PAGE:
The Metropolitan Police say there has been no change London's threat level despite a 40% increase in the number of officers at today's Marathon.
The public are being urged to ensure they take good care of their belongings in order to avoid police responding to reports of unattended items.
The Boston bombings will not put off spectators or runners from taking part in tomorrow's London Marathon, the race's chief executive said.
Security has been stepped up for the 26.2 mile event in the capital with several hundred more officers set to line the streets for Sunday's marathon.
The race's chief executive Nick Bitel said: "After the terrible events in Boston we conducted a security review with the Metropolitan police and all the other agencies.
"As was announced yesterday, we have increased substantially the number of police officers who are going to be out there, going to be visibly reassuring people and putting in more search regimes and a number of other measures to ensure that it is as safe and fun as it always is."
He added: "I think the spectators won't be put off, we'll have a great day. There's some fantastic races, really competitive, and the numbers in terms of people running will be 35,500 - 36,000 as they would always be."
The Metropolitan Police have issued a statement on security plans for the London Marathon this weekend.
Chief Superintendent Julia Pendry said:
The Metropolitan Police has tweeted that it will be deploying an "increased and highly visible police presence" for the London Marathon this weekend.
The number of police officers on duty for the London Marathon has been boosted by 40% to provide reassurance in the wake of the atrocities in Boston according to Scotland Yard.
Chief Superintendent Julia Pendry revealed that there will be several hundred more officers out on the streets on Sunday, an increase of two-fifths on last year.
The senior officer, who has led the Marathon security operation for five years, said: "the most important thing is that there is no link between the Boston marathon and the London Marathon.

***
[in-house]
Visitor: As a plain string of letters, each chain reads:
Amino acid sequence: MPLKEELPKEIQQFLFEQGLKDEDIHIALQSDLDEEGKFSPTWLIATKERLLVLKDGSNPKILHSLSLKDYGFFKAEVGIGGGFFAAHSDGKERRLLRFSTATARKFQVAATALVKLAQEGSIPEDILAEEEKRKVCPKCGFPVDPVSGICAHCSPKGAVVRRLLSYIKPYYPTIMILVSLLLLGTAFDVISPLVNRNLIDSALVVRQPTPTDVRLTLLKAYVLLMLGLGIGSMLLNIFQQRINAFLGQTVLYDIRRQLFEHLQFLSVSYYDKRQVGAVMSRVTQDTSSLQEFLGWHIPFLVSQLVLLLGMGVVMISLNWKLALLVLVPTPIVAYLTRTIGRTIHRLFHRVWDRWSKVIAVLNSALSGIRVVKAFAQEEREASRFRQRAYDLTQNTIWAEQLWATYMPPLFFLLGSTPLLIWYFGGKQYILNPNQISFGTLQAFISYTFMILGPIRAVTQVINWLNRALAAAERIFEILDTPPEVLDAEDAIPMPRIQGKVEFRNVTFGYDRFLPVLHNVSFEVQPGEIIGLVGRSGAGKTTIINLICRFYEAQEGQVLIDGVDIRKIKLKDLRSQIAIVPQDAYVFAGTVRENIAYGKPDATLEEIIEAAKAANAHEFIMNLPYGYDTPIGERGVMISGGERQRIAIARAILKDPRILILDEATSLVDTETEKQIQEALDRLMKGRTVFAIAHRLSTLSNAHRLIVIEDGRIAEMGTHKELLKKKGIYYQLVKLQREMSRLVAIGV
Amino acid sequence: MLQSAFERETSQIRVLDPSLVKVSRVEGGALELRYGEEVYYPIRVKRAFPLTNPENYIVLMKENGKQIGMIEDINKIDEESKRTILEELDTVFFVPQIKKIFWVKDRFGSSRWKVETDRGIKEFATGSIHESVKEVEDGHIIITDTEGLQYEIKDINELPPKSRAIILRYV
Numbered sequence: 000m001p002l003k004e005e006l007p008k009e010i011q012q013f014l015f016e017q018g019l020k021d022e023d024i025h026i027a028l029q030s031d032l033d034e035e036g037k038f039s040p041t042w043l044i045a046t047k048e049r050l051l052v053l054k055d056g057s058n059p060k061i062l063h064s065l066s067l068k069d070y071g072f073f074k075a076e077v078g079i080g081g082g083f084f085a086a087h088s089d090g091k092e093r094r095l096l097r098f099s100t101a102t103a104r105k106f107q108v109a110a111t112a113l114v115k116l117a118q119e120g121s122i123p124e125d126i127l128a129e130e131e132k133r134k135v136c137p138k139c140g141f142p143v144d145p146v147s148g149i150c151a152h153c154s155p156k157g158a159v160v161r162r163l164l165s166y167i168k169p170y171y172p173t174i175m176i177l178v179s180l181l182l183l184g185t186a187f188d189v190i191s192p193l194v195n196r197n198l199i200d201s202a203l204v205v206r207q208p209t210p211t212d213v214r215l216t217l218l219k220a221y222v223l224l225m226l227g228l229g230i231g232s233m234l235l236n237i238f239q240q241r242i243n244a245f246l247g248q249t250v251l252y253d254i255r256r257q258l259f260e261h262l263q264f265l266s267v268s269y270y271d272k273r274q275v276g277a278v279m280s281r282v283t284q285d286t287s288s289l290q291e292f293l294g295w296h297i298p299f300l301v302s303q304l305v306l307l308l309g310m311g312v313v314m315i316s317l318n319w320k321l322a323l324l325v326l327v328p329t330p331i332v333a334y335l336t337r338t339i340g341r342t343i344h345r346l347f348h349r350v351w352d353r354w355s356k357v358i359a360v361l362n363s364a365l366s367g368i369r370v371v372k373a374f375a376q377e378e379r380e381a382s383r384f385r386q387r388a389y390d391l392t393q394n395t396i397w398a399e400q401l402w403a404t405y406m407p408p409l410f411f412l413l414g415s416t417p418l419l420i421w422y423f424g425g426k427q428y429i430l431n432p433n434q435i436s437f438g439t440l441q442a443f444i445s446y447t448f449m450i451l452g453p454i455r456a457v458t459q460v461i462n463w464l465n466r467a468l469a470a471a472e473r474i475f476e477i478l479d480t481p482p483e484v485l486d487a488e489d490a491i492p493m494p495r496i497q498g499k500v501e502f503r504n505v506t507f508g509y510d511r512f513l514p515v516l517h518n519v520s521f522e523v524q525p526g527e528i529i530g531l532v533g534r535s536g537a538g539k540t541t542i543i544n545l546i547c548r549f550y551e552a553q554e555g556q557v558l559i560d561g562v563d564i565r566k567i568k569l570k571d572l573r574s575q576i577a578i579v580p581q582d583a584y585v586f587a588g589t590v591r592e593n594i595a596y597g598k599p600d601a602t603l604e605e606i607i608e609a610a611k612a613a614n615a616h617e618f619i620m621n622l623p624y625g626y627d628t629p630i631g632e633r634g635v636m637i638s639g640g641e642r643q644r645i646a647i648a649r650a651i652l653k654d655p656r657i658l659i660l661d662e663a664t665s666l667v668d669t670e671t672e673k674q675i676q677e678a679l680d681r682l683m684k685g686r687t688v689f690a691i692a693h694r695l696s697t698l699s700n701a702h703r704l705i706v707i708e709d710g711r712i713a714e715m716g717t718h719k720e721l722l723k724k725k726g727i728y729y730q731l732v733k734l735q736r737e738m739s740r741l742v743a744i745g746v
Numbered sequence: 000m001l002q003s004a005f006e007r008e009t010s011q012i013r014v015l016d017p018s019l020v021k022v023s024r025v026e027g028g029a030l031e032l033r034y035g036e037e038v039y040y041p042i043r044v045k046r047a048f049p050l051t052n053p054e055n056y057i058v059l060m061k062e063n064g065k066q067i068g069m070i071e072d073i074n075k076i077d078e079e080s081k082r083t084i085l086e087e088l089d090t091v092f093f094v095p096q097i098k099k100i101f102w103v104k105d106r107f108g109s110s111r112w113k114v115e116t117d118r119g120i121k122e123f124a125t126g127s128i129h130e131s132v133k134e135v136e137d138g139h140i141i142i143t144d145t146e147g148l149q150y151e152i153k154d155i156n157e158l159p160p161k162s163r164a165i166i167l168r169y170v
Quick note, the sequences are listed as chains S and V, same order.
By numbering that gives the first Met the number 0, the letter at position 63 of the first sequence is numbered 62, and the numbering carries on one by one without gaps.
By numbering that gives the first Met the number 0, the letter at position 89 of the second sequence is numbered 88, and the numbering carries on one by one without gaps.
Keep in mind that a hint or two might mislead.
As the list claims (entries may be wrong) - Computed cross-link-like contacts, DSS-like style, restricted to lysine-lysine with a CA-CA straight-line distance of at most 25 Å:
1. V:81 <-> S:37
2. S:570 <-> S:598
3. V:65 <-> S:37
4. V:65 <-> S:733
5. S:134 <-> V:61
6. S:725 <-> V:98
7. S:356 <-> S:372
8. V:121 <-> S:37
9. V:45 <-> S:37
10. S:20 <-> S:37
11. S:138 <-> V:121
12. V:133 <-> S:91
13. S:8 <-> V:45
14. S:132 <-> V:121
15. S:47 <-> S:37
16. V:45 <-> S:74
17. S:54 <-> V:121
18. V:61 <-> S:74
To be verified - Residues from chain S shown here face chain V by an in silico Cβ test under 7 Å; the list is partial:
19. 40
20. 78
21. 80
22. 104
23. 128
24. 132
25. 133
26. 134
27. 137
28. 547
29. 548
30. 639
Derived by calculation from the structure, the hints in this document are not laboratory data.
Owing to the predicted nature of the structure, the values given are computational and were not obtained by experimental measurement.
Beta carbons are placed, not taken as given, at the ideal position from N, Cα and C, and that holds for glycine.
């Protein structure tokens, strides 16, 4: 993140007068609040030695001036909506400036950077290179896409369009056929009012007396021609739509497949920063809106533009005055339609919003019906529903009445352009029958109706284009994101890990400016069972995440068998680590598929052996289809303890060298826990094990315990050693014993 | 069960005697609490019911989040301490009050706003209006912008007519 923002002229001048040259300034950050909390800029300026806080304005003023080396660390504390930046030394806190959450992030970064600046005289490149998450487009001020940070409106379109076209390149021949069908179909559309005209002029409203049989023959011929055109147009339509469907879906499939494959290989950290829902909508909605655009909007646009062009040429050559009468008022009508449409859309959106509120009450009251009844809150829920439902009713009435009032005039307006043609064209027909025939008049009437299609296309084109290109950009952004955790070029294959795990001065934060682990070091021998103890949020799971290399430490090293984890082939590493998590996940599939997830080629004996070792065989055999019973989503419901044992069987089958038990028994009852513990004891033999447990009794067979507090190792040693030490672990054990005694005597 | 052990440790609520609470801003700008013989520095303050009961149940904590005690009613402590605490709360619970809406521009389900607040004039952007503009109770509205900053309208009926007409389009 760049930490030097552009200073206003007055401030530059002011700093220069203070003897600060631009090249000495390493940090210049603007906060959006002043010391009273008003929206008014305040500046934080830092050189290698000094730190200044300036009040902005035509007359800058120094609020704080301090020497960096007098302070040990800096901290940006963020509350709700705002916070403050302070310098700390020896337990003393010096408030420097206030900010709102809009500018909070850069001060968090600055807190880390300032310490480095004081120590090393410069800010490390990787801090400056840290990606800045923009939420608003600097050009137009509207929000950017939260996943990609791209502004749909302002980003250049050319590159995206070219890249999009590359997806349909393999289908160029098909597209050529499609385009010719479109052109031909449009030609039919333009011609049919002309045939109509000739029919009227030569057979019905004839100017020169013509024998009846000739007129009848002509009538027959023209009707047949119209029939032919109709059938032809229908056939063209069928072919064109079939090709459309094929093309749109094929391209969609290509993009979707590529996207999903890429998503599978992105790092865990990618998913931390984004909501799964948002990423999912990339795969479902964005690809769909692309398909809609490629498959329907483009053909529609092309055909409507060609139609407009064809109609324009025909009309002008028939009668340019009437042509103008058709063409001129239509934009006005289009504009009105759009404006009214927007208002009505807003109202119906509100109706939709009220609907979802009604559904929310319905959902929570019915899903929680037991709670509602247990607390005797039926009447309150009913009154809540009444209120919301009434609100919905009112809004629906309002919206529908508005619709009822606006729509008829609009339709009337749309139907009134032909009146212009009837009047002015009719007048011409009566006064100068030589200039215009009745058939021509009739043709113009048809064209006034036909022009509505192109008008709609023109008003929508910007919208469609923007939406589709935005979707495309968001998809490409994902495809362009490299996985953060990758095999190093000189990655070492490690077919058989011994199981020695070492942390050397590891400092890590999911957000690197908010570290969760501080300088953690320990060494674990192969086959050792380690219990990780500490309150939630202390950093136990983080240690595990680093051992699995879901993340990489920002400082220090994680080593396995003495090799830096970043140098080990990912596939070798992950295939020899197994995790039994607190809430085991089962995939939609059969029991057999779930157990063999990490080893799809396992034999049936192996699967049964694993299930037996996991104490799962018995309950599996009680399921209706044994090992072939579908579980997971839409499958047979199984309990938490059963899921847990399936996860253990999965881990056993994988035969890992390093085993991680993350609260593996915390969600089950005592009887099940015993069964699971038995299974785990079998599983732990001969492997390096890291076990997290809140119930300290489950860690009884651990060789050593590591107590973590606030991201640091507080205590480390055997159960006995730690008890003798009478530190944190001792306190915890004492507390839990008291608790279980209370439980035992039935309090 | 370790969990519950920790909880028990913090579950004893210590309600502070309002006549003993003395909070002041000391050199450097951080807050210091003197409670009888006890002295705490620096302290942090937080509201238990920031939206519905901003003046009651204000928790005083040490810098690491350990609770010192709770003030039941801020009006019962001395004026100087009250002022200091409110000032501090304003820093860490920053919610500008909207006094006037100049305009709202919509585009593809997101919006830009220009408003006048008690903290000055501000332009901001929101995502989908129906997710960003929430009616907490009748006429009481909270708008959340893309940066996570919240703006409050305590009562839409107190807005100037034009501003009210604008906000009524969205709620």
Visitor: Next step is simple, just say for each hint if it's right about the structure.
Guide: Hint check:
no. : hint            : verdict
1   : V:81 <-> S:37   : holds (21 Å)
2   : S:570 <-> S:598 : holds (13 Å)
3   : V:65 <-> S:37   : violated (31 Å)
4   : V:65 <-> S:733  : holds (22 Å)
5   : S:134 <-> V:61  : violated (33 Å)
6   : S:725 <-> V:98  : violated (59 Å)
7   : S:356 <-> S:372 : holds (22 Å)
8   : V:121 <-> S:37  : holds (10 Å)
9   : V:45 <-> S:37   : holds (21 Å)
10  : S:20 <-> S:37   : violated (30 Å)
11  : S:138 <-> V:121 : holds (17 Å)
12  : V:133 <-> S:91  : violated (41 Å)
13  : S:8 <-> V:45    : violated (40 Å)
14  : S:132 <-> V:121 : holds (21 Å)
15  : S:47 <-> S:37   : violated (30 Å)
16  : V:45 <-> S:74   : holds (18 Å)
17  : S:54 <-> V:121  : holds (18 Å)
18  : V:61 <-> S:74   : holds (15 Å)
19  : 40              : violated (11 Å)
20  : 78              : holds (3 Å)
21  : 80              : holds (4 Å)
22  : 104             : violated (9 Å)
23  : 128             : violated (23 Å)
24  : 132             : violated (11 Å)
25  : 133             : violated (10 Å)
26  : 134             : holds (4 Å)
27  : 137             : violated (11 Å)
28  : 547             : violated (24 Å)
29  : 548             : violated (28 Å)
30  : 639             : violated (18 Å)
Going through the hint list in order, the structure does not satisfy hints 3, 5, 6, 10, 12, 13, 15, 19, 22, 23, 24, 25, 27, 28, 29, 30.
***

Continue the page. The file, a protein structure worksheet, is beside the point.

"However people need to feel reassured when they come out on Sunday.
"It is a good 40% increase on last year on numbers of officers on the ground. We've got more search dogs out, we have got more on high visibility patrols."
British athlete Iwan Thomas said what happened at the Boston Marathon last weekend has made him more determined to run at the London Marathon this weekend.
Home Secretary Theresa May has said the Metropolitan Police put more officers on duty at the London Marathon following the Boston bombs.
Iwan told Daybreak: "I'm really looking forward to Sunday, I suppose maybe, slightly in the back of my mind something could happen but in my eyes no. I'm gonna go out there and run".
Double Olympic gold medallist Mo Farah said he is comfortable with the security surrounding the London Marathon following the blasts in Boston.
Farah, who is set to run a half marathon this weekend, said, "For me, this is home, this is a great city ... and for what we did at the London Olympics, you shouldn't be worried at all".
When asked about the Boston Marathon bombings, Farah said, "You don't want see anything like that in this sport ... All my support goes to the people that got hurt and their families".:
There will be an increased police presence at the London Marathon this weekend in the wake of bombings at the Boston event, the Home Secretary told MPs today.
Theresa May said adjustments to security arrangements had been made to this weekend's race after the fatal explosions that tore through spectators watching the race in the US on Monday.
Giving evidence to the Home Affairs Select Committee, Mrs May said, "They've made some adjustments to policing. They've put in some increased policing for the marathon".
"The London Marathon is a regular event, the organisers have a good record in terms of venue security, such as you can for an event that covers 26 miles", she said, adding, "We're very conscious of safety and security needs".
London is ready to host a safe marathon in the wake of bombings at the Boston event, Culture Secretary Maria Miller told MPs.
Ms Miller said the 2012 Olympics and years of experience demonstrated that the Metropolitan Police and other security services have an excellent record at ensuring sporting events on the streets of the capital are safe.
The Culture Secretary said, "You will know from London 2012 last year, this country has a great deal of experience of ensuring our sporting events go well and that security is at the heart of the planning process".
"The London Marathon is no different", she continued. "The Minister for Sport [Hugh Robertson] met with the mayor yesterday again to go through the plans to make sure ... that we have the right security procedures in place".
During a brief formal statement, she said, "I'm delighted this weekend's runners here in London, a number of whom are MPs... will be asked to wear a black ribbon as a sign of respect and solidarity. A period of silence will be observed before the race begins".
Theresa May says that the Metropolitan Police have made a number of adjustments to their arrangements ahead of London Marathon following Boston bombs.
Ms May says that although there was no COBRA emergency meeting following Boston, she was briefed on Tuesday and "appropriate people have been sitting round the table."